Saturday, 18 July 2015
At the Cygnet Community Garden yesterday we made a fire with old prunings etc and cooked some cheese scones to make use of the heat. I love fire.... and winter.... I am sharing this original page from my recipe book. (Thanks to Maurine, Roger’s mother, the Granma we all love). The adjustments for a bigger version are made by son Hugh when he was about 10.... he still loves Granma's scones and took this photo of me yesterday at the community garden.
Saturday, 13 June 2015
1 cup sunflower seeds
½ cup flax seeds
½ cup hazelnuts or almonds
1 ½ cups rolled oats
2 or 3 Tbsp. chia seeds
4 Tbsp. psyllium seed husks (last time I used 1 Tbl + 1 egg)
1 tsp. fine grain sea salt
1 Tbsp. maple syrup
3 Tbsp. melted coconut oil or butter
1 ½ cups water
1. Combine all dry ingredients in a bowl, stirring well. Whisk maple syrup, oil / melted butter and water together in a measuring cup. Add this to the dry ingredients and mix very well until everything is completely soaked and dough becomes very thick (if the dough is too thick to stir, add one or two teaspoons of water until the dough is manageable). Put into a greased bread tin and smooth out the top with the back of a spoon. Let sit out on the counter for at least 2 hours, or all day or overnight. (I left it all day) and baked it in the evening.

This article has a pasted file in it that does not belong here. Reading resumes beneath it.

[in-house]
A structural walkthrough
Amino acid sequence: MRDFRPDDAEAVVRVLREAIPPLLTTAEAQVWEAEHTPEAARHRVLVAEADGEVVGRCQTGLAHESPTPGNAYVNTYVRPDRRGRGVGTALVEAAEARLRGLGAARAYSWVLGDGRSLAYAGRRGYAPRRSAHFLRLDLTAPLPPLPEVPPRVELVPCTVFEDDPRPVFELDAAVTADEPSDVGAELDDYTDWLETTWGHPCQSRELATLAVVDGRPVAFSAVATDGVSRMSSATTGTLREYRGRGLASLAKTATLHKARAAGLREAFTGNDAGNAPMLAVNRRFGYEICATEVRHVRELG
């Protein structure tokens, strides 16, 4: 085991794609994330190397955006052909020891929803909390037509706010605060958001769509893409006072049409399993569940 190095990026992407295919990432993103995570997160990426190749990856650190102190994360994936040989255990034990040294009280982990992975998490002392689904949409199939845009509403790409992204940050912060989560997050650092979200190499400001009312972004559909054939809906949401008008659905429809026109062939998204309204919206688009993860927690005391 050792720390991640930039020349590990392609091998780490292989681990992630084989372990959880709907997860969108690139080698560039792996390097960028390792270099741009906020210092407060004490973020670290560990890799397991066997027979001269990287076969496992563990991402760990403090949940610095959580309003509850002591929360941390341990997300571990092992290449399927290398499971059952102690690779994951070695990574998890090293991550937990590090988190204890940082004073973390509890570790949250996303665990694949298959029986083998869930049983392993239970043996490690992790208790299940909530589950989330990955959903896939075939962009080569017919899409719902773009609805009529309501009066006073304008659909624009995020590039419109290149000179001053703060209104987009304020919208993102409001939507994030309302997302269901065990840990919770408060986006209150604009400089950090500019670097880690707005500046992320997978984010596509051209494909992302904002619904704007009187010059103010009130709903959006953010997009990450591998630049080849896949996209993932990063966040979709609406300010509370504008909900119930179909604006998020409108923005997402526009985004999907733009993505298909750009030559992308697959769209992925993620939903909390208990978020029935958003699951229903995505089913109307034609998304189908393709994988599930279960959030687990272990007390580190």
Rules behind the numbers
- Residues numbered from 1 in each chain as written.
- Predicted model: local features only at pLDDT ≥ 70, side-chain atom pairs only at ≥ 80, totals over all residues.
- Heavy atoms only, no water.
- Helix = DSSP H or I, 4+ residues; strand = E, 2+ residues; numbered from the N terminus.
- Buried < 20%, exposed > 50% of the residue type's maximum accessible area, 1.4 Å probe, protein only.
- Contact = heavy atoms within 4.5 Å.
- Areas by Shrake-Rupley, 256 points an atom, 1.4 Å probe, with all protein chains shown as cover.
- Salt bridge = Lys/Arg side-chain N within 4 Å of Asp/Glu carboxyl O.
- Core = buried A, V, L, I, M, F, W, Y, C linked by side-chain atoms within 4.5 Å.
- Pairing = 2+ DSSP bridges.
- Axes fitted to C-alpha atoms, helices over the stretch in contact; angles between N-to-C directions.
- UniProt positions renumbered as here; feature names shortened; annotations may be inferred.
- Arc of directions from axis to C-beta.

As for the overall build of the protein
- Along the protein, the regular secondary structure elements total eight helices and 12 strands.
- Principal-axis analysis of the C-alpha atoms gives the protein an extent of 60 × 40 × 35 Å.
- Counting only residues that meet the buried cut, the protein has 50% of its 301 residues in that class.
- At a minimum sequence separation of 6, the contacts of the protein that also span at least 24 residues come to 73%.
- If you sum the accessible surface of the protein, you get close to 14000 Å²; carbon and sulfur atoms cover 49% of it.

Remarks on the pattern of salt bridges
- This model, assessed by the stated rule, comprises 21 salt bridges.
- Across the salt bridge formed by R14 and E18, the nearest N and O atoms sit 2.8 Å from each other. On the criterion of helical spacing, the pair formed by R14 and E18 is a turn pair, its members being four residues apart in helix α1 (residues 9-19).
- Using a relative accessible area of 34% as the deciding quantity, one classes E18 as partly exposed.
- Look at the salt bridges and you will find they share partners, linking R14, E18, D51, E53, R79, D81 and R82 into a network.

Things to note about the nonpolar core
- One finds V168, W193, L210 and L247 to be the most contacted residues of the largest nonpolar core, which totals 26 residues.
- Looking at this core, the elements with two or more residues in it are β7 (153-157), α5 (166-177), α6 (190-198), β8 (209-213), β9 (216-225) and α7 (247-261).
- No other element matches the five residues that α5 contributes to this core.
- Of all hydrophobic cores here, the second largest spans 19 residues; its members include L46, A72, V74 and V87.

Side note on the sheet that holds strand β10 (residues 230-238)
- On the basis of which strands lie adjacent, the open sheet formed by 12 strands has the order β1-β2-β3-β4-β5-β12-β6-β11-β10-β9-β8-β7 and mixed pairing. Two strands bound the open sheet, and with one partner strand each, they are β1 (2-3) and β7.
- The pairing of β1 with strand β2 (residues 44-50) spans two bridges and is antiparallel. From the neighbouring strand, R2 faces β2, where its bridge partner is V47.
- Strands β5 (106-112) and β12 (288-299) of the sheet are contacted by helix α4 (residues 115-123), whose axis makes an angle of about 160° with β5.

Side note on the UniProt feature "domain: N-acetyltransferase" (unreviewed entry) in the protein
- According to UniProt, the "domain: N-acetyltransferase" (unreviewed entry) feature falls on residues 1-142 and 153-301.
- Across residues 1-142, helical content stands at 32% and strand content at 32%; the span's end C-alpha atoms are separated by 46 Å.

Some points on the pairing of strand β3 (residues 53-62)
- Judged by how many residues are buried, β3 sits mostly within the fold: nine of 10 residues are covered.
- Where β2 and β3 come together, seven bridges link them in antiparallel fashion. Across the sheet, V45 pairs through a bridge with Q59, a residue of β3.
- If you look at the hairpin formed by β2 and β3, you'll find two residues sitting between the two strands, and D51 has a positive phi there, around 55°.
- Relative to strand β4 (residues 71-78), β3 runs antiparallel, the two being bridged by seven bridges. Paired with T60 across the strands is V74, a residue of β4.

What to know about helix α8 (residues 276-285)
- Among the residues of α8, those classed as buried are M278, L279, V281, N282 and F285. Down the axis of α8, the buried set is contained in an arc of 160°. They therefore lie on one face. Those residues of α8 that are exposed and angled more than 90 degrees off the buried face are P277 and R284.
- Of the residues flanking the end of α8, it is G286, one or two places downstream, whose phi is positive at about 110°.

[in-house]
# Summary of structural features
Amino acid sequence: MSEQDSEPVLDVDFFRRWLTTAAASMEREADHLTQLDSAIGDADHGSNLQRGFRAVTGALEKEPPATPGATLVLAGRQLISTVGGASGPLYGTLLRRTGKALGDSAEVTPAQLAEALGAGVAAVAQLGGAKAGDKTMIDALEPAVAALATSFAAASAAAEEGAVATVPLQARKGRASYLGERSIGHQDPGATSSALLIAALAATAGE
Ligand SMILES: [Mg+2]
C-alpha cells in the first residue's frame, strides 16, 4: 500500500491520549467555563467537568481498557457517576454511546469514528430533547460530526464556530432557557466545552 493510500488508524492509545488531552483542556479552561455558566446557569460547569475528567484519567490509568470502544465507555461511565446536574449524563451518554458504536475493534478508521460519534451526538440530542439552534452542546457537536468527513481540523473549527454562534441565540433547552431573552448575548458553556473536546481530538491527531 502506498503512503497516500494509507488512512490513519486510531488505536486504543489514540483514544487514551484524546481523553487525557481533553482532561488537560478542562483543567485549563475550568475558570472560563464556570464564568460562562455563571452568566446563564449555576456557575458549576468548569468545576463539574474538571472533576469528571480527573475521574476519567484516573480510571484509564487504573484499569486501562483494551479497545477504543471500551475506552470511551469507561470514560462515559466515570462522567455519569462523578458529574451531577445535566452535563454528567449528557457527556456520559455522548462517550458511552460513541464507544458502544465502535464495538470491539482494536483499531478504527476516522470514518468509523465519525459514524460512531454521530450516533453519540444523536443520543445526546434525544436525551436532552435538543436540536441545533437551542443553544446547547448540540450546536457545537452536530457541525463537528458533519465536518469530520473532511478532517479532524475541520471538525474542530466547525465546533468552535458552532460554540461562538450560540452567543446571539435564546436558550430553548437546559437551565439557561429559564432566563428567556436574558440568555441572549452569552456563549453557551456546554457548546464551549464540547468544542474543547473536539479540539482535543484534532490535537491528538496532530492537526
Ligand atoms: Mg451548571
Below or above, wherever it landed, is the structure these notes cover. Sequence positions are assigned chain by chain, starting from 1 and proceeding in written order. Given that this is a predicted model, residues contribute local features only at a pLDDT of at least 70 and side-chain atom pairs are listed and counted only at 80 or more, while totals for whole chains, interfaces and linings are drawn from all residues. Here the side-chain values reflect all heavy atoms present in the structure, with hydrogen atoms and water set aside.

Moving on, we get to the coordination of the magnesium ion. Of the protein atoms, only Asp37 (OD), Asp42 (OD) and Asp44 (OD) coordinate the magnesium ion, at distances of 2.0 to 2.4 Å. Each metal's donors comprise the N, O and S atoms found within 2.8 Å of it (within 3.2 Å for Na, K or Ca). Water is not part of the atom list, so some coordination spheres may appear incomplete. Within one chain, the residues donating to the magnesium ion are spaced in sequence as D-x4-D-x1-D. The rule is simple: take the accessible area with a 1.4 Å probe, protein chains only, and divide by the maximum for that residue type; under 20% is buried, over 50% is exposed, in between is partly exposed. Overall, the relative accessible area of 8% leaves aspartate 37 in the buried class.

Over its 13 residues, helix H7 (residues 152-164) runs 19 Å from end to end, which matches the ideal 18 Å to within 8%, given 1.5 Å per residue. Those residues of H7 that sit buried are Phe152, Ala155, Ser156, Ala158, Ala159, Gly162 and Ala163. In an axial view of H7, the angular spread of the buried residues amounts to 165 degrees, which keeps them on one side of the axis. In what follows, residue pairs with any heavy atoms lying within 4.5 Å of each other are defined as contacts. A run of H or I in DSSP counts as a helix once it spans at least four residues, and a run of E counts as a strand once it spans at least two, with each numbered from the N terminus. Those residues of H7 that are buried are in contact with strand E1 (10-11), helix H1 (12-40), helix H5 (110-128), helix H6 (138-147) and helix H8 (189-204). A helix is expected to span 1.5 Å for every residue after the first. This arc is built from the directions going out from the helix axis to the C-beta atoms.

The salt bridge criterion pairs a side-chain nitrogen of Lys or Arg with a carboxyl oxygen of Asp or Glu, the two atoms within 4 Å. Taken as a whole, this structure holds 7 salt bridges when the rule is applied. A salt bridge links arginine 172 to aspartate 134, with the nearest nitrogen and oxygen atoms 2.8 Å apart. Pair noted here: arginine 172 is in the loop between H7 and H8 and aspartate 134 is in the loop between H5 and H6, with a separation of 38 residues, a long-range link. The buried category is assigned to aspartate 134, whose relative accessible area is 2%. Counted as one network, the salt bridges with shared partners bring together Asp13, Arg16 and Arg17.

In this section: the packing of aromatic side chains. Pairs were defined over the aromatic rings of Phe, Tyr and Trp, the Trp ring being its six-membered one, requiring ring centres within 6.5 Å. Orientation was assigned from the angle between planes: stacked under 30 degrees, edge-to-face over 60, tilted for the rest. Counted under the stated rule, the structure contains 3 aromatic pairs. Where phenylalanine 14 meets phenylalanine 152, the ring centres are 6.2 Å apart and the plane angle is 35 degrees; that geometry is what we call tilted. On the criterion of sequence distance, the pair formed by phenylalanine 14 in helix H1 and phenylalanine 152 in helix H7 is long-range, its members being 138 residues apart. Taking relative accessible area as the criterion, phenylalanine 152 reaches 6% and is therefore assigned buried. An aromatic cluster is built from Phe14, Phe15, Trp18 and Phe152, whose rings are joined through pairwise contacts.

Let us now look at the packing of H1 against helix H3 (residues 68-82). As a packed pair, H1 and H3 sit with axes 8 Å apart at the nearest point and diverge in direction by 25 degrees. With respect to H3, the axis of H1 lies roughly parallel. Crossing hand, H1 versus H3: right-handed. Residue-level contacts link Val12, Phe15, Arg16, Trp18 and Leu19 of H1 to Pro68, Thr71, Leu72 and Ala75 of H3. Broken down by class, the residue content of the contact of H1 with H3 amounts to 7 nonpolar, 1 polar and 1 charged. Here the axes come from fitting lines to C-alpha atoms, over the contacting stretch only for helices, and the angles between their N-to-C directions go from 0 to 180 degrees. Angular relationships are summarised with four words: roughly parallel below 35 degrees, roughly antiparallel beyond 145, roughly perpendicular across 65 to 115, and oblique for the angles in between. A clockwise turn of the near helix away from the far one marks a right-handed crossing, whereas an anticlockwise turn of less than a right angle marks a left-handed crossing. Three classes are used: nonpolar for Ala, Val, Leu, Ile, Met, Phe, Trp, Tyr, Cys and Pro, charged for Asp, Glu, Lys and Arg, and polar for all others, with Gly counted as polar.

2. Preheat oven to 180°C.
3. Place loaf pan in the oven on the middle rack, and bake for 20 minutes. Remove bread from loaf pan, place it upside down directly on the rack and bake for another 30-40 minutes. Bread is done when it sounds hollow when tapped. Let cool completely before slicing (difficult, but important).
4. Store bread for up to five days. Freezes well too – slice before freezing for quick and easy toast!
Wednesday, 14 August 2013
Pesto can be made by substituting many other leaves and herbs, in place of basil so you can have it in any season. I often use rocket or chervil or parsley and even some weeds, like chickweed and dandelion. One of my favourites uses garlic scapes – those long, twirly bits that shoot up from your garden garlic in early summer. Other nuts can be substituted too, using walnuts, almonds, hazelnuts and even sunflower seeds and pumpkin seeds, in place of pine nuts.